Iffects of International Trade Between Two Factor Economies

Having outlined the production structure of a two-factor economy, we can now look at what happens when two such economies. Home and Foreign, trade. As always, Home and Foreign are similar along many dimensions. They have the same tastes and therefore have

4The biased effect of resource changes on production was pointed out in a paper by the Polish economist T. M. Rybczynski, "Factor Endowments and Relative Commodity Prices," Eamomicu 22 (1955), pp. 336-341. It is therefore known as the Rybczynski effect.

identical relative demands for food and cloth when faced with the same relative price of the two goods. They also have the same technology: A given amount of land and labor yields the same output of either cloth or food in the two countries. The only difference between the countries is in their resources: Home has a higher ratio of labor to land than Foreign does.

Relative Prices and the Pattern of Trade

Since Home has a higher ratio of labor to land than Foreign, Home is labor-abundant and Foreign is land-abundant. Note that abundance is defined in terms of a ratio and not in absolute quantities. If America has 80 million workers and 200 million acres (a labor-to-land ratio of one-to-two-and-a-half), while Britain has 20 million workers and 20 million acres (a labor-to-land ratio of one-to-one) we consider Britain to be labor-abundant even though it has less total labor than America. "Abundance" is always defined in relative terms, by comparing the ratio of labor to land in the two countries, so that no country is abundant in everything.

Since cloth is the labor-intensive good, Home's production possibility frontier relative to Foreign's is shifted out more in the direction of cloth than in the direction of food. Thus, other things equal, Home tends to produce a higher ratio of cloth to food.

Because trade leads to a convergence of relative prices, one of the other things that will be equal is the price of cloth relative to food. Because the countries differ in their factor abundances, however, for any given ratio of the price of cloth to that of food Home will produce a higher ratio of cloth to food than Foreign will: Home will have a larger relative supply of cloth. Home's relative supply curve, then, lies to the right of Foreign's.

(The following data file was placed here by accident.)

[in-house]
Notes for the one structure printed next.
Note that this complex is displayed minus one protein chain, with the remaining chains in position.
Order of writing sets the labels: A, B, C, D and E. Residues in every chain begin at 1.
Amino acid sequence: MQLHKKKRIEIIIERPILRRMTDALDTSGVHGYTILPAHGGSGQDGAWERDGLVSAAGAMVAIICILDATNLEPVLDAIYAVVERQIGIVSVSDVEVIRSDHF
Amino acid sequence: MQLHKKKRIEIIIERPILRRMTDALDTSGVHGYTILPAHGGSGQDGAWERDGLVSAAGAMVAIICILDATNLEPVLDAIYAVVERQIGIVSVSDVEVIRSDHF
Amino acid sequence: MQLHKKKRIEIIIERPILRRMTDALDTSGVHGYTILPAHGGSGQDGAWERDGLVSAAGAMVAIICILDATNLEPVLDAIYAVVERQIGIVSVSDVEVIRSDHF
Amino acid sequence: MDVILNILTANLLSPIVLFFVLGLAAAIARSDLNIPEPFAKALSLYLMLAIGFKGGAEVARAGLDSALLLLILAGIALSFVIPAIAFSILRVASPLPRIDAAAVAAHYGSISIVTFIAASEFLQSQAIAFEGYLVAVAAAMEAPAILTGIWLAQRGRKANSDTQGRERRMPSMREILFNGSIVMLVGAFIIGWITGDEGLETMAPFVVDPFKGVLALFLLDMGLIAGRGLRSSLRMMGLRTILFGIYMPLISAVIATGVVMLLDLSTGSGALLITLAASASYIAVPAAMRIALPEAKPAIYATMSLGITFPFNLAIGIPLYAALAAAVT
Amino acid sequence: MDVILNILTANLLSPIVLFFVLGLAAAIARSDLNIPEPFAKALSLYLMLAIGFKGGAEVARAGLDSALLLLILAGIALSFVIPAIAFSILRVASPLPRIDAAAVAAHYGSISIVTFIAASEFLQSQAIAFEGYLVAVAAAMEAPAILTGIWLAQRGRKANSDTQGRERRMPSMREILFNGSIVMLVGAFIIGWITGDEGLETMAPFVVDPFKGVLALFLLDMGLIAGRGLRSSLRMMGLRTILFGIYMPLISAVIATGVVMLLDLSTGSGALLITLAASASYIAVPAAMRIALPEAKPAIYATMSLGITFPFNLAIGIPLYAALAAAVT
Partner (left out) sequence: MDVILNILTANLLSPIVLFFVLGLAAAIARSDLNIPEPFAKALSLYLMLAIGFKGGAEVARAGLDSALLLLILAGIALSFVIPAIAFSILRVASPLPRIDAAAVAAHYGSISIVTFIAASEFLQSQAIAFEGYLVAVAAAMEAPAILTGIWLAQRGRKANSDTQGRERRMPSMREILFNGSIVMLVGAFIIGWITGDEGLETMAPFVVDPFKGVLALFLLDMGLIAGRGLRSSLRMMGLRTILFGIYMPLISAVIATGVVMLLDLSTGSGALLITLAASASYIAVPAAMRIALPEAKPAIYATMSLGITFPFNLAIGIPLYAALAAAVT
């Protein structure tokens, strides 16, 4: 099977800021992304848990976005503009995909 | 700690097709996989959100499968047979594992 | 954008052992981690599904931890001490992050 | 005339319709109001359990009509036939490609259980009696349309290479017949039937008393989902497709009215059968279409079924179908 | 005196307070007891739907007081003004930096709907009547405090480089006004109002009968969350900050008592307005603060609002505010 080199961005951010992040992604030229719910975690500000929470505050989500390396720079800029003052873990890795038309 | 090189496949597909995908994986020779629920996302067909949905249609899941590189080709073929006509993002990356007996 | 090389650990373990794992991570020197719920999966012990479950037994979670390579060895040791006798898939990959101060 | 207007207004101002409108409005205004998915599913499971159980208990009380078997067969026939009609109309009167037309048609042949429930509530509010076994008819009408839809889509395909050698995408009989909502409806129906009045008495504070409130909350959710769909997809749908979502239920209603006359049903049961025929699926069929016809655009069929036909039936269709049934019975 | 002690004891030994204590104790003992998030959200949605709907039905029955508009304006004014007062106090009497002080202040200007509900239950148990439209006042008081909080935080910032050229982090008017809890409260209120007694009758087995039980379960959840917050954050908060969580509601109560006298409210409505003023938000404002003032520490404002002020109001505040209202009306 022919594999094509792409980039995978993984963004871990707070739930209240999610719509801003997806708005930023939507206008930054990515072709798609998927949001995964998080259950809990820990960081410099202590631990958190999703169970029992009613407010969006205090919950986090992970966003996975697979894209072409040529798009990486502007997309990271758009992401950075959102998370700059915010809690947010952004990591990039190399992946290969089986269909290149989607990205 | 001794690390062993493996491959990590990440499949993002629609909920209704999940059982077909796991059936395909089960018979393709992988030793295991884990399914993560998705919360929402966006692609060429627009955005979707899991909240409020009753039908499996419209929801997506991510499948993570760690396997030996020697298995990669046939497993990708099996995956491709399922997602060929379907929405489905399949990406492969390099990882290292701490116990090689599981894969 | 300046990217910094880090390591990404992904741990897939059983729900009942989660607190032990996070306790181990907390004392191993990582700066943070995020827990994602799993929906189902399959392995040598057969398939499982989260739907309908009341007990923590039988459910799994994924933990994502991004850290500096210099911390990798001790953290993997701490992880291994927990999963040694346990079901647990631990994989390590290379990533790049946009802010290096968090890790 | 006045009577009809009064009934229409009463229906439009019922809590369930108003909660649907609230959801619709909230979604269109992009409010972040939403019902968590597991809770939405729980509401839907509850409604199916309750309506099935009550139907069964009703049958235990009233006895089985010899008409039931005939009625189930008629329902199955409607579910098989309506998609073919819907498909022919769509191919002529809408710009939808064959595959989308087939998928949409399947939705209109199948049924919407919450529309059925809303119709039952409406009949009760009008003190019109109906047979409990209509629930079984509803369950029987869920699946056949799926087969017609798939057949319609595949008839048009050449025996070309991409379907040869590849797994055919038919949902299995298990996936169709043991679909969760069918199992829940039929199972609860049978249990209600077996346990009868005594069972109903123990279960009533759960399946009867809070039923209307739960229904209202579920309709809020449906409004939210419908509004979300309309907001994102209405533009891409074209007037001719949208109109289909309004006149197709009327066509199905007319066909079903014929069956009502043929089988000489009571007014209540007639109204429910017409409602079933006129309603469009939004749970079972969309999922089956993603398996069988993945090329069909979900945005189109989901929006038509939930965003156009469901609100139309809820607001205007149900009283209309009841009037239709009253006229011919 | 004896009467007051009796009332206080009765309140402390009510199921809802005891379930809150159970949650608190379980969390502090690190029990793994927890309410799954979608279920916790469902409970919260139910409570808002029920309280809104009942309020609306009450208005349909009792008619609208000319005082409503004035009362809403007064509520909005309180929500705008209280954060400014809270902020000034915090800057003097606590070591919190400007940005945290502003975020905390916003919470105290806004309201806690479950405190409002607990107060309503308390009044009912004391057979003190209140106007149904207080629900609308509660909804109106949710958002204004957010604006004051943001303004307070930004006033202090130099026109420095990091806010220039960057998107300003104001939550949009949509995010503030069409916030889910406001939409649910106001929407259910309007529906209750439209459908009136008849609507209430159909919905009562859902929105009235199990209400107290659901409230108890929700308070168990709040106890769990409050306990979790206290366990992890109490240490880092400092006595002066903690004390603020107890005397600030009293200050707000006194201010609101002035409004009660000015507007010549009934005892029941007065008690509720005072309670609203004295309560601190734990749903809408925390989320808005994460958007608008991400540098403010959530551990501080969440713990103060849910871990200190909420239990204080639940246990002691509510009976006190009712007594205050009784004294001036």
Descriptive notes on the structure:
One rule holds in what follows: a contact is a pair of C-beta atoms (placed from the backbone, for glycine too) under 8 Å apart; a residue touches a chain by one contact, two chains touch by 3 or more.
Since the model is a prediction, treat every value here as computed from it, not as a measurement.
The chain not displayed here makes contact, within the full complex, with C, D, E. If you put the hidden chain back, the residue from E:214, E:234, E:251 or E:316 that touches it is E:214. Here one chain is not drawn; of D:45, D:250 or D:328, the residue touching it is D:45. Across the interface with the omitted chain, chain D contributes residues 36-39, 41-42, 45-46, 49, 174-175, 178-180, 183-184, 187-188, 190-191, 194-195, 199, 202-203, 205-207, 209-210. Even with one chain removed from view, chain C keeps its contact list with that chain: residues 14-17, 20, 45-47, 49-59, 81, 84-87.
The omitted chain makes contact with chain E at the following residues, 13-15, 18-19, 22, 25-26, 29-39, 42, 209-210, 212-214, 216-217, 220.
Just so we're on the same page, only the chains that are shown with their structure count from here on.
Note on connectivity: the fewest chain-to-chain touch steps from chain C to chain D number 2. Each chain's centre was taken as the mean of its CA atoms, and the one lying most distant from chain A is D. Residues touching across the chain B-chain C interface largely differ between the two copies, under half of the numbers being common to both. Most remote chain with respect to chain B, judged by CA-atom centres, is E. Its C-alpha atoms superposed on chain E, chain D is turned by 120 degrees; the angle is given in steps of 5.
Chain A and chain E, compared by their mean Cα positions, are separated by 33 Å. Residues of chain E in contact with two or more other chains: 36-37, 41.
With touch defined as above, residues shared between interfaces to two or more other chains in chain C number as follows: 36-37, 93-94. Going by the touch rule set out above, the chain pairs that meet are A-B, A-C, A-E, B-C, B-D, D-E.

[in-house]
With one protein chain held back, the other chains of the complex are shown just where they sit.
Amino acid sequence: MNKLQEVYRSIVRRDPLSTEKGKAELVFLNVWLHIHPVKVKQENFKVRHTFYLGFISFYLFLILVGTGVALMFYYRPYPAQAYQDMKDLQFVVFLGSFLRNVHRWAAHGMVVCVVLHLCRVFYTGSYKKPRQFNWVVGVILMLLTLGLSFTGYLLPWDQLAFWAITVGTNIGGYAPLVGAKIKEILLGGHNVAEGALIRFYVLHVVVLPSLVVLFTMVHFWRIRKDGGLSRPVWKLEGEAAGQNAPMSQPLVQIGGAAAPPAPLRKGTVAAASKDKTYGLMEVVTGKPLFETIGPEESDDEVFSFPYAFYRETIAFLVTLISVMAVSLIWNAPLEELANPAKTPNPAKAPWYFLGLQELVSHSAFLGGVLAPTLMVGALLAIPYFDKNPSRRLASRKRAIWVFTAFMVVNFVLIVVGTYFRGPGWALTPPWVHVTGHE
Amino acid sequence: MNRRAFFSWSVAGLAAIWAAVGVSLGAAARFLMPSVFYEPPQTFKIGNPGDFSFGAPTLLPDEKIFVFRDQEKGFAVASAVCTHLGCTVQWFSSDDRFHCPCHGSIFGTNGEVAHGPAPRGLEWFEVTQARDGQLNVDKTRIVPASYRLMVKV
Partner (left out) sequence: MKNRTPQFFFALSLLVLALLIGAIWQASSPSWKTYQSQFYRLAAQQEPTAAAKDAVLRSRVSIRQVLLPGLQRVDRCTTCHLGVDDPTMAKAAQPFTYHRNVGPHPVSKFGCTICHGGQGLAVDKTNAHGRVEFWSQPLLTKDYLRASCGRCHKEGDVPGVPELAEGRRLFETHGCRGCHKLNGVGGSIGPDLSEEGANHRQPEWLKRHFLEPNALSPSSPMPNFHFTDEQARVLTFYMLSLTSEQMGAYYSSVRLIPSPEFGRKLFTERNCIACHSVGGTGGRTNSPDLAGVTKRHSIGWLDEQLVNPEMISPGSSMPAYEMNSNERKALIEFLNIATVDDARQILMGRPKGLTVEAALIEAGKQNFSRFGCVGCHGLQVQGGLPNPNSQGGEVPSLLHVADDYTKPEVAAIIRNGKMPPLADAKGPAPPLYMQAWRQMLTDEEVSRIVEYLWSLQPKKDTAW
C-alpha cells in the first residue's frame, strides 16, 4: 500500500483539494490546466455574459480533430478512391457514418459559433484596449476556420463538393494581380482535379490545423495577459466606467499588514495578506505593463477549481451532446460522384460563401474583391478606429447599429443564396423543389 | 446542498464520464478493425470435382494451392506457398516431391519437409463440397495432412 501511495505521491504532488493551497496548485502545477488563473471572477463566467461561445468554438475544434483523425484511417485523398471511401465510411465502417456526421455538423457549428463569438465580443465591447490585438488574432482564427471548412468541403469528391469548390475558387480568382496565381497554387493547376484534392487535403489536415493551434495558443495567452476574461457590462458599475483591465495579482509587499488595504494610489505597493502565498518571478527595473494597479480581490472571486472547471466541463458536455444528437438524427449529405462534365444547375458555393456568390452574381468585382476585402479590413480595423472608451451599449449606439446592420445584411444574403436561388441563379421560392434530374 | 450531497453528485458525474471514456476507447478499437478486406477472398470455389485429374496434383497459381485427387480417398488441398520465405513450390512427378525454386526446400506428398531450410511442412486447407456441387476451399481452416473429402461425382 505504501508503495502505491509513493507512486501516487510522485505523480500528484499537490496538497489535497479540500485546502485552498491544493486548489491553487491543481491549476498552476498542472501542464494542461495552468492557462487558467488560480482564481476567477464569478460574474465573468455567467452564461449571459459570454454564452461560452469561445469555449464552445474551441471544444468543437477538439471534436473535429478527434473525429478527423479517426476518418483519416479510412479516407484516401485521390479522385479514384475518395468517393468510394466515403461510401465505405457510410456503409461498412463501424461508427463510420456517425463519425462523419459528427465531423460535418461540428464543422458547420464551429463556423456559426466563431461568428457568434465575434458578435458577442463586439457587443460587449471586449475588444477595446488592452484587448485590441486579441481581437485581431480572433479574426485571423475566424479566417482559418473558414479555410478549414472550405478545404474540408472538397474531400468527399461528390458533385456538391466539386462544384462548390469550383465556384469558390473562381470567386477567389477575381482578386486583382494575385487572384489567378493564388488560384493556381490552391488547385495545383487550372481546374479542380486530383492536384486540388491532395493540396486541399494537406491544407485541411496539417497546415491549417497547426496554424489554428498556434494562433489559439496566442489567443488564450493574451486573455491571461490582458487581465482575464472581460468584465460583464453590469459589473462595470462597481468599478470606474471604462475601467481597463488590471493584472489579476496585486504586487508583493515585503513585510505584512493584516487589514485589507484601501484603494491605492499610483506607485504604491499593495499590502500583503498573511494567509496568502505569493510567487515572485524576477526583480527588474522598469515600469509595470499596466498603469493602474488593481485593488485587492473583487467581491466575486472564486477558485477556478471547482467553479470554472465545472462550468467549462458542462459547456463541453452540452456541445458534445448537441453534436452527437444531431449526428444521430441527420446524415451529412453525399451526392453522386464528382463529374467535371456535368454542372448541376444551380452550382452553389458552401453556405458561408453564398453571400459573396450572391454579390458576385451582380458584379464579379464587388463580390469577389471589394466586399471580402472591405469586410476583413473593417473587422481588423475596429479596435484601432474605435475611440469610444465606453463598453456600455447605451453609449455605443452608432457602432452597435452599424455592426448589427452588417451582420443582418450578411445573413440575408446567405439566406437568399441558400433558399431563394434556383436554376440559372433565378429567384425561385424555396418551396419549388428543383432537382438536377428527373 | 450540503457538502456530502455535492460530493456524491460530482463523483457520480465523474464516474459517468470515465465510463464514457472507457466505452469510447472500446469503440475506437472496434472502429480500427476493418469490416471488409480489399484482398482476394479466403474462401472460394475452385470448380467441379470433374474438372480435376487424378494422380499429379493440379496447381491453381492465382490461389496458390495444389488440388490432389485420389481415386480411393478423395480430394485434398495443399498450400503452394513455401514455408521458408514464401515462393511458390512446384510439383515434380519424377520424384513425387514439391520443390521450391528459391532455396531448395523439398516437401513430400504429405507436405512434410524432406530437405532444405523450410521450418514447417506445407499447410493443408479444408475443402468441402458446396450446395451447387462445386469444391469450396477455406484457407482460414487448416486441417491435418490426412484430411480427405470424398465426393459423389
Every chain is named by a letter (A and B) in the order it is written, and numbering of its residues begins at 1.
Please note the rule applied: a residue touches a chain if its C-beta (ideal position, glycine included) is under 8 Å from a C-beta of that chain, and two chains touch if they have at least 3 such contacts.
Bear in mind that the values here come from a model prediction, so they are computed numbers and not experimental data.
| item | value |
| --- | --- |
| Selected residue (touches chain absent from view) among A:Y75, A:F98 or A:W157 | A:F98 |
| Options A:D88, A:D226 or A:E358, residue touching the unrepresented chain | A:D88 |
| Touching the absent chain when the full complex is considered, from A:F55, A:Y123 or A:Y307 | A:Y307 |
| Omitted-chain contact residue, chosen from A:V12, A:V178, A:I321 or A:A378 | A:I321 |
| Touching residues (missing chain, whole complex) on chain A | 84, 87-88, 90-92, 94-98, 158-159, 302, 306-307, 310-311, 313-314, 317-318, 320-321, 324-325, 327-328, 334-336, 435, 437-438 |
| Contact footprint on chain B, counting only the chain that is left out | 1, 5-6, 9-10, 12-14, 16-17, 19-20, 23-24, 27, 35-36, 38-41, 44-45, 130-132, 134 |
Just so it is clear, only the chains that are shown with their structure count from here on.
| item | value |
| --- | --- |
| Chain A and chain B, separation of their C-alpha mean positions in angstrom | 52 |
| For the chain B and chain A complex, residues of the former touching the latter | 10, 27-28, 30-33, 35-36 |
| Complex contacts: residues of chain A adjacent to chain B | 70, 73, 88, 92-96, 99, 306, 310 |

The relative supply schedules of Home (RS) and Foreign (RS*) are illustrated in Figure 4-8. The relative demand curve, which we have assumed to be the same for both countries, is shown as RD. If there were no international trade, the equilibrium for Home would be at point 1, the equilibrium for Foreign at point 3. That is, in the absence of trade the relative price of cloth would be lower in Home than in Foreign.

When Home and Foreign trade with each other, their relative prices converge. The relative price of cloth rises in Home and declines in Foreign, and a new world relative price of cloth is established at a point somewhere between the pretrade relative prices, say at point 2. In Home, the rise in the relative price of cloth leads to a rise in the production of cloth and a decline in relative consumption, so Home becomes an exporter of cloth and an importer of food. Conversely, the decline in the relative price of cloth in Foreign leads it to become an importer of cloth and an exporter of food.

To sum up what we have learned about the pattern of trade; Home has a higher ratio of labor to land than Foreign; that is, Home is abundant in labor and Foreign is abundant in land. Cloth production uses a higher ratio of labor to land in its production than food; that is, cloth is labor-intensive and food is land-intensive. Home, the labor-abundant country, exports cloth, the labor-intensive good; Foreign, the land-abundant country, exports food, the land-intensive good. The general statement of the result is: Countries tend to export goods whose production is intensive in factors with which they are abundantly endowed.

Trade and the Distribution of Income

Trade produces a convergence of relative prices. Changes in relative prices, in turn, have strong effects on the relative earnings of labor and land, A rise in the price of cloth raises the to a Convergence of Relative Prices

In the absence of trade, Home's equilibrium would be at point 11 where domestic relative supply RS intersects the relative demand curve RD. Similarly, Foreign's equilibrium would be at point 3. Trade leads to a world relative price that lies between the pretrade prices, e.g.( at point 2.

Relative price of cloth, PC/PF

Relative quantity purchasing power of labor in terms of both goods while lowering the purchasing power of land in terms of both goods, A rise in the price of food has the reverse effect. Thus international trade has a powerful effect on income distribution. In Home, where the relative price of cloth rises, people who get their income from labor gain from trade but those who derive their income from land are made worse off. In Foreign, where the relative price of cloth falls, the opposite happens: Laborers are made worse off and landowners are made better off.